For this lecture I brought up outdoor advertising. This is an activity which is globally dominated by one corporation: The Clear Channel Outdoor Holdings is probably the biggest controller of outdoor communication in the world. They have the ability to decide which messages are transmitted and which are not. They have accepted advertising for fashion brands which transmit harmful body images and even brands which have been accused of glorifying gang rape. For a look at this disturbing trend in advertising see 15 Recent Ads That Glorify Sexual Violence Against Women.

The messages being pushed out on billboards can arguably seen as a one-sided participation of the public debate. Changing messages (adbusting) or even correcting willfully false information on billboards is seen as vandalism. As a demonstration that something can be done I showed a clip of a report about the clean city law, where the city of Sao Paulo has forbidden outdoor advertising.

However, when Baltimore in 2013 attempted to introduce a billboard tax Clear Channel Outdoor argued that billboards should be protected as free speech by the First Amendment and this tax would therefore be a limitation of the corporations human rights.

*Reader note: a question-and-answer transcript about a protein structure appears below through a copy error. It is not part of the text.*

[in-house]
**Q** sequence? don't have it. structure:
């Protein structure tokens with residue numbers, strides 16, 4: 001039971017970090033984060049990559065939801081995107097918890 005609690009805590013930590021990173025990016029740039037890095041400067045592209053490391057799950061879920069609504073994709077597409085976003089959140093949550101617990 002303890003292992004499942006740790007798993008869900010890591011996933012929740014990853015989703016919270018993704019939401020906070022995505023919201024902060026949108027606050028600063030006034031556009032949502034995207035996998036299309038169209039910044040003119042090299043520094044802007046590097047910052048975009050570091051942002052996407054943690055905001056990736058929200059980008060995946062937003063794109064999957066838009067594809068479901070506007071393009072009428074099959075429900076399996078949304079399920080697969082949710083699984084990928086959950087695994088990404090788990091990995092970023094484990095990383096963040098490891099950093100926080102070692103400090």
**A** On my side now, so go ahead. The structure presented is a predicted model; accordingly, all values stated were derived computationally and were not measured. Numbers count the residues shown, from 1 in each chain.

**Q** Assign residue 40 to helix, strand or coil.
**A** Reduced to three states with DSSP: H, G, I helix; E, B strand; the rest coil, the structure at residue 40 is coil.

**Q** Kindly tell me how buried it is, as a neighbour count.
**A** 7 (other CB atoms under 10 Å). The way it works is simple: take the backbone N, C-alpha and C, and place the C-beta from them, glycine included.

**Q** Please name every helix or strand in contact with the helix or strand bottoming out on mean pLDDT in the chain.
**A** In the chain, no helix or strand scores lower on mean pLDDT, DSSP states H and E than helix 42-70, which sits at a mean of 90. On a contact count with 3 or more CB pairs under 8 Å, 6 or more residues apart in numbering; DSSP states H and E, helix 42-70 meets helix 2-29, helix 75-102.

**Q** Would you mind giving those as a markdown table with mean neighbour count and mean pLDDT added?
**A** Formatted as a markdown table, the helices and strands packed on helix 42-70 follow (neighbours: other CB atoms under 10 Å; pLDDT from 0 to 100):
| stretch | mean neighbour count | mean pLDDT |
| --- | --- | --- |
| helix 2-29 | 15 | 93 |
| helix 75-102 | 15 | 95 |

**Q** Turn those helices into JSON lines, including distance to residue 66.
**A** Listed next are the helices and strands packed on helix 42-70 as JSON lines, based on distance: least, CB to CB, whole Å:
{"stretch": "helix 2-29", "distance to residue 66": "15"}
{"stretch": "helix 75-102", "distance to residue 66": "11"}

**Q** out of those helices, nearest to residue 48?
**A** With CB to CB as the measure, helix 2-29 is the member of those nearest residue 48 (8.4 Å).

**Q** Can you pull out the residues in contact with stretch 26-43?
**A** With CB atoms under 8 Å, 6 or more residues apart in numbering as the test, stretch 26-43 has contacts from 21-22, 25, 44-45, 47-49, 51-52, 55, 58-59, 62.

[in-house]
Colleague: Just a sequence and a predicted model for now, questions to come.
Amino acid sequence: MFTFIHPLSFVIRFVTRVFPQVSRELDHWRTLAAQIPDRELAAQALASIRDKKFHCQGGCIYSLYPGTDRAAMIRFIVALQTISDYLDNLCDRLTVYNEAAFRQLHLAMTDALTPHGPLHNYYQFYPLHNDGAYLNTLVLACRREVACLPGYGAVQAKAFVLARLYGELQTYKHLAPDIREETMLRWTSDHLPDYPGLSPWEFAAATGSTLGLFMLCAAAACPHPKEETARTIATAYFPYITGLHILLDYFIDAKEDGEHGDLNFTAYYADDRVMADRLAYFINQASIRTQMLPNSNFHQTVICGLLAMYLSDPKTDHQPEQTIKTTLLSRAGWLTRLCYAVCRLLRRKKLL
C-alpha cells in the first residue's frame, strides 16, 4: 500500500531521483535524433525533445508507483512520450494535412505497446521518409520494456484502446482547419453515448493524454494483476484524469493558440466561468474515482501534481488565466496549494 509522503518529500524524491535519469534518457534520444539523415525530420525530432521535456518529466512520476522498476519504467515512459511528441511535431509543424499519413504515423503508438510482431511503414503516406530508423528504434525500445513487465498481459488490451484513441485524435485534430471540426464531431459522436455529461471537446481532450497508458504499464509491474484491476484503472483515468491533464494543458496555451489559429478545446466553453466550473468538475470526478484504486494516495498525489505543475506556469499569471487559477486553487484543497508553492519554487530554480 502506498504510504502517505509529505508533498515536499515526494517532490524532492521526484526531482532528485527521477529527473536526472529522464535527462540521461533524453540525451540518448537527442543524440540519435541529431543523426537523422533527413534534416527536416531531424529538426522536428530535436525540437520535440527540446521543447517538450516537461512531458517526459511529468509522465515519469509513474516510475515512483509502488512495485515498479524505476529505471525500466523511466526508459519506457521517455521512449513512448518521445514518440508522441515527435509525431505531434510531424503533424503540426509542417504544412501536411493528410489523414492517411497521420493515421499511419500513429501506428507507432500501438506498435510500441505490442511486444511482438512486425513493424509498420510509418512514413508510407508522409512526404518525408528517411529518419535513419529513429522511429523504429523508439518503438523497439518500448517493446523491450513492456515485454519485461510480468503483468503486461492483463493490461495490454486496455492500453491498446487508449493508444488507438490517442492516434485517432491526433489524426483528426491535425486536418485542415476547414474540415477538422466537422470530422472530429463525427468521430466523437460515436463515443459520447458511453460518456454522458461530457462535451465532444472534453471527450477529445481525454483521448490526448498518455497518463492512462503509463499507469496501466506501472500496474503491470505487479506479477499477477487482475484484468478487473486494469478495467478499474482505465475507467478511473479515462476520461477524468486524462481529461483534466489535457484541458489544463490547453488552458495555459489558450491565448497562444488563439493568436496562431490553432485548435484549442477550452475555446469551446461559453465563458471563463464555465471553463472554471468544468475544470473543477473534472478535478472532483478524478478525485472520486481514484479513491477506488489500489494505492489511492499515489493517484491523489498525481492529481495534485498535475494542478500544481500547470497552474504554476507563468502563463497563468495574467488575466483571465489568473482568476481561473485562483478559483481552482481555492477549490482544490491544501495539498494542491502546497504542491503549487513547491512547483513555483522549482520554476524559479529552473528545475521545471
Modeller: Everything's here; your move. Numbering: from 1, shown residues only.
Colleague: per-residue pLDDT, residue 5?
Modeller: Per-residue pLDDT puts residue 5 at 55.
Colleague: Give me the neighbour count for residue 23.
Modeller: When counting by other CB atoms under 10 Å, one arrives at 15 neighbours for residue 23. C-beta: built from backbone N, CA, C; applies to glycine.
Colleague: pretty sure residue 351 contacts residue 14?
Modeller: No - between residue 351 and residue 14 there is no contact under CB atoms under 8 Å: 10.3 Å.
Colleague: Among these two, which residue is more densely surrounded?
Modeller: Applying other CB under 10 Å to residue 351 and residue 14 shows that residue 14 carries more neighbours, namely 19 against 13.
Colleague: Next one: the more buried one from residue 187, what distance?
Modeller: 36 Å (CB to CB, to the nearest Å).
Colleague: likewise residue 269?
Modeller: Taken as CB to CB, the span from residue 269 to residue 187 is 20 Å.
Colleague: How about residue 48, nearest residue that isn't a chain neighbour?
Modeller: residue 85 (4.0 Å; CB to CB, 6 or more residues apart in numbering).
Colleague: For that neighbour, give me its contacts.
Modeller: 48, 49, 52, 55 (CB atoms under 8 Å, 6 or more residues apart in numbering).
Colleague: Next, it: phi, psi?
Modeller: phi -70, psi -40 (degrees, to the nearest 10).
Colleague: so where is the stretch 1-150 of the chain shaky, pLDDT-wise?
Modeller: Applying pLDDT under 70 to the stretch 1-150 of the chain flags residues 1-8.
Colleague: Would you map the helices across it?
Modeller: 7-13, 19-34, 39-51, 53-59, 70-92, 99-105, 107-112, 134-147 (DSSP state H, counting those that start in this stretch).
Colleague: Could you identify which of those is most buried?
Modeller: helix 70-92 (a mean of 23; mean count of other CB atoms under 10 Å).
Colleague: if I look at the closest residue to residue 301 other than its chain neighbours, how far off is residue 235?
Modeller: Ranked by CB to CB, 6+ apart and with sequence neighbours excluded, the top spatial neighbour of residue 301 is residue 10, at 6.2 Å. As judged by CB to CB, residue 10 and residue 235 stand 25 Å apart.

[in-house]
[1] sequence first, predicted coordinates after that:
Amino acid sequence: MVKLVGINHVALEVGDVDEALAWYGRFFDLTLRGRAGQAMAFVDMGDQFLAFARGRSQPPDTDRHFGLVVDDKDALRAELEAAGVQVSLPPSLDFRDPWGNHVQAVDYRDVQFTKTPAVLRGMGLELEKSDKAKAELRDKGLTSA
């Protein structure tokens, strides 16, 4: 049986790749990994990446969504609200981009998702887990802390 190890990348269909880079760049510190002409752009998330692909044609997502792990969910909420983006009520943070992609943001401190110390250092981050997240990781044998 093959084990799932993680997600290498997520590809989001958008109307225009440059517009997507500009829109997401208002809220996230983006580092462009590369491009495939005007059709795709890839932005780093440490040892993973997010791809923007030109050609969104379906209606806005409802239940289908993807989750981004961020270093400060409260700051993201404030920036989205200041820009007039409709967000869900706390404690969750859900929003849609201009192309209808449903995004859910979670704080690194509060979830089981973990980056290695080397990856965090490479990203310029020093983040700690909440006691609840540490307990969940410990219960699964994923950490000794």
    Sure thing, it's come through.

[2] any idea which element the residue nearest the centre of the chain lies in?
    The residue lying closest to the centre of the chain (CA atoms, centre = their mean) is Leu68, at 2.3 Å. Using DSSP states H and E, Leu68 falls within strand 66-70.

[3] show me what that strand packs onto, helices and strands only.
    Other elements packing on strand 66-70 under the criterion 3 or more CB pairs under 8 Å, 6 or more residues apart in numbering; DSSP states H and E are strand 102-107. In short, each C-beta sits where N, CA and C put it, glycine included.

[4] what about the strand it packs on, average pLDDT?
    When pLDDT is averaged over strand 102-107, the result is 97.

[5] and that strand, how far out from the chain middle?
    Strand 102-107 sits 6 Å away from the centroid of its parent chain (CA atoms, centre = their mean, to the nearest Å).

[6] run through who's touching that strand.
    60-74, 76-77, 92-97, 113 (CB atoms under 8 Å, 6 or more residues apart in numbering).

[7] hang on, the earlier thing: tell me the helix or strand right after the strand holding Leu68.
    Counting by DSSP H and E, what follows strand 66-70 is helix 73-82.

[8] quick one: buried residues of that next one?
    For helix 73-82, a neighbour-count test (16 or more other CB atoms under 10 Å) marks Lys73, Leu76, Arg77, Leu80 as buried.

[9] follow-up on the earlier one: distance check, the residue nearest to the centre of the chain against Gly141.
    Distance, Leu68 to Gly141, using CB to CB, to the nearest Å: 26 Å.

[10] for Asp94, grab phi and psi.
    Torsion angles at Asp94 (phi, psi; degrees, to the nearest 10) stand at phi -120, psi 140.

In order to demonstrate the right of assembly I used the demonstrations at Wall Street where the desire to protest was supported (in theory) by Mayor Bloomberg

“people have a right to protest, and if they want to protest, we’ll be happy to make sure they have locations to do it.”

Despite this sentiment the parks of New York close (even the ones without gates) at dusk or 1 am. This prevents demonstrators staying overnight. In order to circumvent this and continue the protests the demonstrators went to the privately owned Zuccotti Park where they could stay overnight. Eventually the protestors where dispersed when it was argued that the conditions were unsanitary.